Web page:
During the reign of Abdülaziz, there were many developments globally. The American Civil War (1861-1865) between the North (Union) and the South (Confederacy) ended with the victory of the North. Caused by eleven Southern slave states declaring secession, the bloody war created the slave-free United States of America.
It was a period when the social and political life was affected by Karl Marx's “Das Kapital“(1867), and Charles Darwin's “The Descent of Man” (1871). Militarily, Alfred Nobel invented the safe means of handling dynamite in 1867. The first typewriter, the Hansen Writing Ball, invented by Rasmus Malling-Hansen of Denmark, went into commercial production in 1870. In addition, a group of French artists, led by Claude Monet’s work in 1872, “Impression, Soleil Levant” (Impression, Sunrise), initiated the new wave of an art movement called “Impressionism”.
Abdülaziz initiated one of the first railroad projects in the Empire. He completed the first section of the Sirkeci Train Station in Istanbul in 1871, which was mentioned as the last station in the worldwide known novel, the Orient Express by Agatha Christie.
Upon the death in 1871 of Âli Paşa, the Grand Vizier and his close confidant, Abdülaziz fell into limbo. The empire lacked qualified statesmen, heading into a big financial crisis, which peeked in 1875. Independence movements in the Balkans in 1876 added more problems to the Empire. It was then believed that the best strategy for the Empire was to change the political system to the “constitutional monarchy”. It would be possible only if Sultan Abdülaziz was replaced with Murat V, Abdülmecid’s son. Accordingly, Sultan Abdülaziz was dethroned on 30 May 1876 and Murad V became sultan the same day.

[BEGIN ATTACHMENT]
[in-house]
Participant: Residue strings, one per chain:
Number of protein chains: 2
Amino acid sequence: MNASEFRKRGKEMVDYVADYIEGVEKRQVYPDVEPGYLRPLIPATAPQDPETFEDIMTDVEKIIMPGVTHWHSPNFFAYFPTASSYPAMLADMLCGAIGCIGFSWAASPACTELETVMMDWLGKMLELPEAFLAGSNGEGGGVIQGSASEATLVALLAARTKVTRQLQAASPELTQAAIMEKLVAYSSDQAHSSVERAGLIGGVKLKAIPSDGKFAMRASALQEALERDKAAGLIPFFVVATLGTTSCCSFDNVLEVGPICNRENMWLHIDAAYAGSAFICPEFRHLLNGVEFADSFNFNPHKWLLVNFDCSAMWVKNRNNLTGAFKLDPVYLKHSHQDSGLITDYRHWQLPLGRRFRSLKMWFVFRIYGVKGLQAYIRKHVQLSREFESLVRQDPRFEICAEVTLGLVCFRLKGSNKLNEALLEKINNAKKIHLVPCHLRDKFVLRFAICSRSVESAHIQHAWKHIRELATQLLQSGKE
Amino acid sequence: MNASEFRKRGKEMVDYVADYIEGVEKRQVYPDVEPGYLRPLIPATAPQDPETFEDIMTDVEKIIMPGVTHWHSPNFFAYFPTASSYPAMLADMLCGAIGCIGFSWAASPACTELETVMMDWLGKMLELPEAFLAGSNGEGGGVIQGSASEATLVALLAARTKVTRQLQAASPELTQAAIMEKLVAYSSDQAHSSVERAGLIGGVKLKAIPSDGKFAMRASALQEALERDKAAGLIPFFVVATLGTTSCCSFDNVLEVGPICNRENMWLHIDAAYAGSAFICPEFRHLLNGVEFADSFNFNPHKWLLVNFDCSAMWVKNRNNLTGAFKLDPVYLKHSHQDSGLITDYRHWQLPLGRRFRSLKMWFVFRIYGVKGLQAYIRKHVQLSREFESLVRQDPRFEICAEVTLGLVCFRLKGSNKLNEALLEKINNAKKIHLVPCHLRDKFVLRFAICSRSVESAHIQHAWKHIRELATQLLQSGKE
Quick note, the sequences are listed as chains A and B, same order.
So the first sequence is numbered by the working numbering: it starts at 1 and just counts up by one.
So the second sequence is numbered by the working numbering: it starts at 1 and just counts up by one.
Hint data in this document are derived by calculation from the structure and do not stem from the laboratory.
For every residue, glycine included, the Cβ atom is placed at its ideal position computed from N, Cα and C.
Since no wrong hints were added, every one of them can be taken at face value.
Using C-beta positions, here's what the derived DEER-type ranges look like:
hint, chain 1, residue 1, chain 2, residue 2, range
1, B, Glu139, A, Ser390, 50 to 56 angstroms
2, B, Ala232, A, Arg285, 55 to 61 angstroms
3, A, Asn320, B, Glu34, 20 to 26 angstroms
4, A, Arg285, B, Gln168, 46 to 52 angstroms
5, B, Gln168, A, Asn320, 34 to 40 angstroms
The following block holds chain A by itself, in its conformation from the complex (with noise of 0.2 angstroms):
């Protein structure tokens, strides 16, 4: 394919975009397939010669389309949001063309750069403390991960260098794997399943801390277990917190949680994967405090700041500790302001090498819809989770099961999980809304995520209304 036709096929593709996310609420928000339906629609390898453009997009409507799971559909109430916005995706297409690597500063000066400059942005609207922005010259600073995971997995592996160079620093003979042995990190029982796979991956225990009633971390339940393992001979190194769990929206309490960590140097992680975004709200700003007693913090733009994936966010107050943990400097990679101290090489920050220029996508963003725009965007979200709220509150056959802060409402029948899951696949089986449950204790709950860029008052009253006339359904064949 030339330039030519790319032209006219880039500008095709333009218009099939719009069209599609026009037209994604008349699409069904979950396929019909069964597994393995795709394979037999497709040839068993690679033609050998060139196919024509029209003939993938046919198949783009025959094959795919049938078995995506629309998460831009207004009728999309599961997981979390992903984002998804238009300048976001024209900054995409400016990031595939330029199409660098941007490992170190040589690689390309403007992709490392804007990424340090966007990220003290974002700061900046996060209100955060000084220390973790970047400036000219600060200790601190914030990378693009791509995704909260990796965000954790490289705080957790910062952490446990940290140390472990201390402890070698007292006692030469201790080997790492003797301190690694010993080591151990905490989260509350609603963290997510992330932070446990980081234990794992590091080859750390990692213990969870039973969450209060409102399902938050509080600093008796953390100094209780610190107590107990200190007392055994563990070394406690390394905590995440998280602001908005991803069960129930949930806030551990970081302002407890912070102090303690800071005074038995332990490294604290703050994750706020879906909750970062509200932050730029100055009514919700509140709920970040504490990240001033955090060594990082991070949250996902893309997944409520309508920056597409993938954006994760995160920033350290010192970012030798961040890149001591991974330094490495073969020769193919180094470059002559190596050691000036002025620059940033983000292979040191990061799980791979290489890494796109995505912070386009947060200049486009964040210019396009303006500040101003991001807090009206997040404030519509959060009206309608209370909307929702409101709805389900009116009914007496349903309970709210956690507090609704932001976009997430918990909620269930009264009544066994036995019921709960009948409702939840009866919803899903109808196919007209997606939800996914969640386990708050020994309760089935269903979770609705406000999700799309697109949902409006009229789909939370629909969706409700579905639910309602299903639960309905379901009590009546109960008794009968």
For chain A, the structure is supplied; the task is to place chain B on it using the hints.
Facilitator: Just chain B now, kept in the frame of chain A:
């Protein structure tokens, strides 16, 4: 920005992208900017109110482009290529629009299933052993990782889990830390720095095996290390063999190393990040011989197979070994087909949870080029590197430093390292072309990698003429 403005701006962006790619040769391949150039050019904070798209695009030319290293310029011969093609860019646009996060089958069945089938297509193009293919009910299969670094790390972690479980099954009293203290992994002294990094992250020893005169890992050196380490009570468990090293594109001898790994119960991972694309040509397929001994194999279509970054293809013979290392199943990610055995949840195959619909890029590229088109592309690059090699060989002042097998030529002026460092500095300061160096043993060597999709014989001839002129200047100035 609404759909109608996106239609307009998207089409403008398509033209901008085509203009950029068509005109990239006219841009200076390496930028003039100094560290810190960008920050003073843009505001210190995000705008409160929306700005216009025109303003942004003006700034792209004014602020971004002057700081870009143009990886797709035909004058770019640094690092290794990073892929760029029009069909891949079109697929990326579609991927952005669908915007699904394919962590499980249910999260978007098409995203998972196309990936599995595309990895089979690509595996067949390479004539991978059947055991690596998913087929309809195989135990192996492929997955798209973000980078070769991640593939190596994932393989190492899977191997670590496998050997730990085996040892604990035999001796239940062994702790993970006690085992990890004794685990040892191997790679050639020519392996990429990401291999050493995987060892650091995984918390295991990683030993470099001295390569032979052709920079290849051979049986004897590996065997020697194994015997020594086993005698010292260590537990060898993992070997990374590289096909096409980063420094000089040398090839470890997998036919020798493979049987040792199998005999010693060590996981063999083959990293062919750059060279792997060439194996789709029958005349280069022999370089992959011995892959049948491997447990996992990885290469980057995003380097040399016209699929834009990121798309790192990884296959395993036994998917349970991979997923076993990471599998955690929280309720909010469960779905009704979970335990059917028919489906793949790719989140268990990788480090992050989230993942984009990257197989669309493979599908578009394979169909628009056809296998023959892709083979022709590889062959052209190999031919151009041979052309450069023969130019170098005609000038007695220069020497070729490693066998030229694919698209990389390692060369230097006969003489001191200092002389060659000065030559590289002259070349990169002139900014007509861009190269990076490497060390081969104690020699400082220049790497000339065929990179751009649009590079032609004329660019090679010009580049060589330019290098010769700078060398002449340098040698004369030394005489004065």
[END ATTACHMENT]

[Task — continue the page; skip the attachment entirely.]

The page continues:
His Final Years
Sultan Abdülaziz and his family were first taken from the Dolmabahçe Palace to the Topkapı Palace, but afterwards were taken to the Feriye Apartments in the Çırağan Palace complex. The tragic death of Sultan Abdülaziz on 5 June 1876 left many unanswered questions. 46-year-old Sultan was found dead in his room in Feriye, with his wrists cut. It is unknown if it was a suicide or an assassination, but it is obvious that it was a dark, sad day for his mother, Pertevniyal Valide Sultan who was then 64 years old.
Pertevniyal Valide Sultan (1812-1883), was a beautiful, philanthropist and good-hearted person. She invested in 1872 the money, granted by her husband for her future safety, in education and established an elementary-middle school (sübyan and Rüştiye) called "Mahmûdiye Rüştiyesi" in Aksaray, Istanbul. Afterwards, the name of the school changed to Pertevniyal High School. Burned down in 1911, the school was rebuilt in 1930. Today, it is among the most prominent high schools in Istanbul. The other important investment was in religion. She built in 1871 the Pertevniyal Valide Sultan Camii, designed by the Italian architect Montani in empirical styles. Located in Aksaray of Istanbul, the square-planed mosque contains the private mausoleum of Pertevniyal Valide Sultan.
Sultan Abdülaziz was buried in the Mausoleum of Mahmud II (2. Mahmud Türbesi), where his father Sultan Mahmud II and his nephew Sultan Abdülhamid II were also buried in 1839 and 1918, respectively. The octagonal mausoleum (türbe) with marble exterior is located in the Çemberlitaş neighborhood of the Eminönü District in Istanbul.
Nejat Gök, (2012), Abdülaziz’in Avrupa Seyahati ve Sonuçlari. Tarihin Peşinde, Issue 7, p 165-188.
The New York Times, 5 August 1869, “Proposed Visit of Eugenie to Constantinople”